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The Badger Herald

Independent Student Newspaper Since 1969

The Badger Herald

Independent Student Newspaper Since 1969

The Badger Herald


Why can’t they just stay in one place?

So I headed down to State Street Brats to grab a bite last Monday, which represented one of the most fun days in all of sports: Opening Day for Major League Baseball.

I sat down with my white brat and spicy fries, and began to enjoy watching about six different games at once (you gotta love Brats for that, no doubt about it).

But I quickly became a little confused at something. The Braves were playing the Dodgers, and I noticed that Rafael Furcal seemed to have wandered into the wrong clubhouse before the game.


Then the 270-pound dude with the mustard-stained Brewers shirt sitting nearby informed me that the budding star shortstop moved from the Atlanta to Los Angeles in the offseason.

Okay, that's fine. But I started to see more of the same as I turned my attention back to the games.

Mike Piazza plays for the San Diego Padres? Alfonso Soriano for the Washington Nationals? Bronson Arroyo, the Cincinnati Reds?

My god, since when is Frank Thomas anything but a member of the Chicago White Sox? He's an Oakland Athletic now.

I couldn't stop thinking about how different each team looked with the birth of this new season. This validates two drawbacks of America's pastime: baseball a.) is a team sport at heart but an individual sport in reality and b.) has no salary cap, so George Steinbrenner could purchase the WBC Champion Japanese national team if he really wanted to, along with the National League All-Star team.

That night, I conducted a little research. This matter was so pressing at the time that I was willing to give up watching the NCAA championship game. I hear I didn't miss much.

I looked at the past week's Opening Day rosters for all 30 MLB squads and counted up how many of the nine starters for NL teams and 10 starters for AL teams (including the designated hitter) were NOT on that same team's roster for last year's opener.

Needless to say, the results were pretty staggering. Forty-three players in the National League and 35 guys in the American League weren't on that team a year ago. That's 30 percent in the NL and 25 percent in the AL.

To me, those are incredible numbers. I'd be willing to bet that the same statistic stays under 10 percent on a yearly basis in the NFL.

Thirty percent in the National League! That means that baseball players had better take a good look around at their teammates on Opening Day because three of them will likely be gone in 365 days.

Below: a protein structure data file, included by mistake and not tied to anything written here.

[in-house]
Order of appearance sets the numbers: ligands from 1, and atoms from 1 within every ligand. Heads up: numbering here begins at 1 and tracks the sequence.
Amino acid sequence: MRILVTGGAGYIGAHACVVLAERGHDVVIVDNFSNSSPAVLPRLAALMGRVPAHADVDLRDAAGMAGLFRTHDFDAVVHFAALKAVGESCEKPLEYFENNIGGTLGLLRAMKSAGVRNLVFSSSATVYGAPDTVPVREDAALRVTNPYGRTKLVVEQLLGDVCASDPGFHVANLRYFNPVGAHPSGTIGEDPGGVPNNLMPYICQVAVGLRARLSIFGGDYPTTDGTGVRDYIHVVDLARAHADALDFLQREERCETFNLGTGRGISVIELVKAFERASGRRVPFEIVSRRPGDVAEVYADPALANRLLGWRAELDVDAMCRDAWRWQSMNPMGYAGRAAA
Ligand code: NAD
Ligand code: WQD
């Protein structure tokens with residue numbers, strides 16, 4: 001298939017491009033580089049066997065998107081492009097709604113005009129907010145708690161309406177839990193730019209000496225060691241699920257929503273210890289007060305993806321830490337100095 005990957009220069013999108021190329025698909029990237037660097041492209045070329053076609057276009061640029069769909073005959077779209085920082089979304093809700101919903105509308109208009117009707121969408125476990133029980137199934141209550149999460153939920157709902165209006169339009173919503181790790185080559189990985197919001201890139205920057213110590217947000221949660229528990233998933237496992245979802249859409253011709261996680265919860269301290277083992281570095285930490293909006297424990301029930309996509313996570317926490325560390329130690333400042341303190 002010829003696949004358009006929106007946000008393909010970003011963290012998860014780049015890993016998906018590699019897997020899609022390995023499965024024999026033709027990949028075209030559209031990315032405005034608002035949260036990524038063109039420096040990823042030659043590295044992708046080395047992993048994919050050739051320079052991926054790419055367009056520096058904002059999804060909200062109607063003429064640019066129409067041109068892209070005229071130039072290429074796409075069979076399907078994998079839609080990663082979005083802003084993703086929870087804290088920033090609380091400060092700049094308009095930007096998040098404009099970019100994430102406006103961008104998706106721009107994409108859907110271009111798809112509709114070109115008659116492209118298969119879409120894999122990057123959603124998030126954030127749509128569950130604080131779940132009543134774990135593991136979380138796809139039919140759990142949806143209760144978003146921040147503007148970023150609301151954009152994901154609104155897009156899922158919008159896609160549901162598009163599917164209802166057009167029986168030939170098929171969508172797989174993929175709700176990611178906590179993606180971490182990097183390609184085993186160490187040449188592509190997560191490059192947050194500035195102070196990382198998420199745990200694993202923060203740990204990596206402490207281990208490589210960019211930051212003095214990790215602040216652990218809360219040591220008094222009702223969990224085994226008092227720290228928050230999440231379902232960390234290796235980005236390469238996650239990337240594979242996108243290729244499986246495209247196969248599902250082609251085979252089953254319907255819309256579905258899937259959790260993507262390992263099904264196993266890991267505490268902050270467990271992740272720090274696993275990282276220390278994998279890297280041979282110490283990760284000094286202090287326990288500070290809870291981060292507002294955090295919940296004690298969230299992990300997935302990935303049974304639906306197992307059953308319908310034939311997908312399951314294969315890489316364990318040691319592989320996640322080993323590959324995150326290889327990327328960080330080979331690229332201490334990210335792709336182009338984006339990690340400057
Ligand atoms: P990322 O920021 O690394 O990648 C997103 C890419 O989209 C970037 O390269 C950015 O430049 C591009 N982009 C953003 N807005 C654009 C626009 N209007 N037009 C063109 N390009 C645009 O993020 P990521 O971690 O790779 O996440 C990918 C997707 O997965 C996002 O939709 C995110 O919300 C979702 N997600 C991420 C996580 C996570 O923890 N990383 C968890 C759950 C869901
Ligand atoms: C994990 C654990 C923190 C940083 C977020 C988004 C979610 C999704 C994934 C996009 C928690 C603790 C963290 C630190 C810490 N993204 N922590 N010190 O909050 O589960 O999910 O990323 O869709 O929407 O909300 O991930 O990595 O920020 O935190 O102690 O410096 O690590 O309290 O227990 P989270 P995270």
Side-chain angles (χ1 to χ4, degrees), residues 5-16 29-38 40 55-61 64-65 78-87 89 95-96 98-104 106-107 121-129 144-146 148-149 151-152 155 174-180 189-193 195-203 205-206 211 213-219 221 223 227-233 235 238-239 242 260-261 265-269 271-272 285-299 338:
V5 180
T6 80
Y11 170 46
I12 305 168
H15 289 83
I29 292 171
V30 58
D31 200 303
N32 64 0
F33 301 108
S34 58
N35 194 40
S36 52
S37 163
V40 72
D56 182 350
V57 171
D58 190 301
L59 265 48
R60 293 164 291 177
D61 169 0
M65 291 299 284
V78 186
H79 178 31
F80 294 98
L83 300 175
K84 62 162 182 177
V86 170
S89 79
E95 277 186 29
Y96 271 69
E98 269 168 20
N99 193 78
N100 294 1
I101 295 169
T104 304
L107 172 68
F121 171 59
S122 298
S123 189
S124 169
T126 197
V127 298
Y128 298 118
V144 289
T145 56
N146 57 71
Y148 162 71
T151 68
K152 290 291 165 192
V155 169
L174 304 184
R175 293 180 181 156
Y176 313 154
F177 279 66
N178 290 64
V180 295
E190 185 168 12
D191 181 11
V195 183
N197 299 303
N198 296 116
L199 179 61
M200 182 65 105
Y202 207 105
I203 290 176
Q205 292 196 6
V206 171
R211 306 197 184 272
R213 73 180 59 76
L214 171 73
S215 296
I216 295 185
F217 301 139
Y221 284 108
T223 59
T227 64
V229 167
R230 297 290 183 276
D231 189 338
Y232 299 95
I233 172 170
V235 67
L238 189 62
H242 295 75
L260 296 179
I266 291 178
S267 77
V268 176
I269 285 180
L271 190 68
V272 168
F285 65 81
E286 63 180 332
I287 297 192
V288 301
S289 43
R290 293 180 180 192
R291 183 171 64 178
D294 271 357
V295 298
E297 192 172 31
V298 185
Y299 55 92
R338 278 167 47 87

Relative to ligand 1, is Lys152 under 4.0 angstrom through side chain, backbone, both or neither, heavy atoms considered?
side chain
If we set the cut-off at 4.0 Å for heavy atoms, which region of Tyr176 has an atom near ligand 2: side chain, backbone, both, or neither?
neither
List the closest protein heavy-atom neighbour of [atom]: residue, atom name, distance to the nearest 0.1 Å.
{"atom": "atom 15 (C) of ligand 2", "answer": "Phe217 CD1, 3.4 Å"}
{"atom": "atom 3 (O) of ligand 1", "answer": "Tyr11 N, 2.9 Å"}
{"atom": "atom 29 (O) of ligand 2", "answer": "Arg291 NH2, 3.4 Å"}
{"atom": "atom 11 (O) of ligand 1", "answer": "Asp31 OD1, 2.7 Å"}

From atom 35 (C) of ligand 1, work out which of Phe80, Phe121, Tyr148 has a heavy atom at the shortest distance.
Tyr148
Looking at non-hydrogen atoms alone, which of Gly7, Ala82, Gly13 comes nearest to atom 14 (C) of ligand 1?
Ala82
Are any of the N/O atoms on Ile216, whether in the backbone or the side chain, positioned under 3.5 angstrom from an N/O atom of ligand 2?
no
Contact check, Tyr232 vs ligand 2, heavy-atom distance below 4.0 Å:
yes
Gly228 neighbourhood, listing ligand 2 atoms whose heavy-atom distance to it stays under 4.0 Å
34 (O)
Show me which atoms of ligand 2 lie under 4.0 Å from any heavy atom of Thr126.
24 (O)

A large part of this is due to the greedy nature of pro-baseball players. They can easily find more money with other teams, and they don't hesitate to take the raise when it's offered.

This is also representative of the impatient personalities of MLB owners. They don't like how things are going, so they rebuild without considering the advantages of team chemistry.

I do, however, enjoy the fact that recent history has shown a restocked lineup doesn't always bring success. The Chicago White Sox won the 2005 World Series with team ball and without superstars; this year, the world champs brought back eight starters from last year's title team.

As a matter of fact, the eight playoff teams last year retained just under 80 percent of their rosters, and the Padres — who have five new faces this year — don't really count since they, well, they play in the NL West.

Of course, there are teams like the Florida Marlins, who kept only Miguel Cabrera and Dontrelle Willis in their Opening Day lineup from a year ago. But then again, they're the Marlins, who'd probably rather see Ryan Seacrest and the eight remaining American Idols in the lineup if it cost them less money.

The most entertaining part of figuring this stuff out was seeing the routes some players have taken. Kenny Rogers, a starting pitcher for the Detroit Tigers, has won 191 games in his career, an impressive total in this day and age.

But how has Rogers been treated for his troubles? After spending seven seasons with the Texas Rangers, he then played for the Yankees, Athletics and Mets over the next four years.

Here's where his story gets interesting. Rogers gets dealt by the Mets back to the Athletics and then returns to the Rangers for the start of 2000. But Rogers ends up on the Minnesota Twins in 2003 and comes back to Texas for a third time.

You'd think the Rangers would keep Rogers now, as he won 32 games in the last two years for them. Nope. As I mentioned before, he's now in Detroit.

But that's the nature of baseball, and I'm disappointed.

Finally, there's the unfortunate case of Reggie Sanders, a Kansas City Royal as this column went to print. You might, however, want to check where he is this morning.

Sanders has donned eight different uniforms for the last nine Opening Days. The NL champion St. Louis Cardinals were kind enough to retain him for a year in 2005 but promptly dealt him to the lowly Royals for this season.

Don't fret it too much, Reggie. You'll probably be somewhere else next year.

Aaron is a freshman who currently plays for The Badger Herald … nope, wait, he just got traded to The Daily Cardinal. Seriously, though, any comments about this story or Aaron's stunning good looks can be directed to [email protected].

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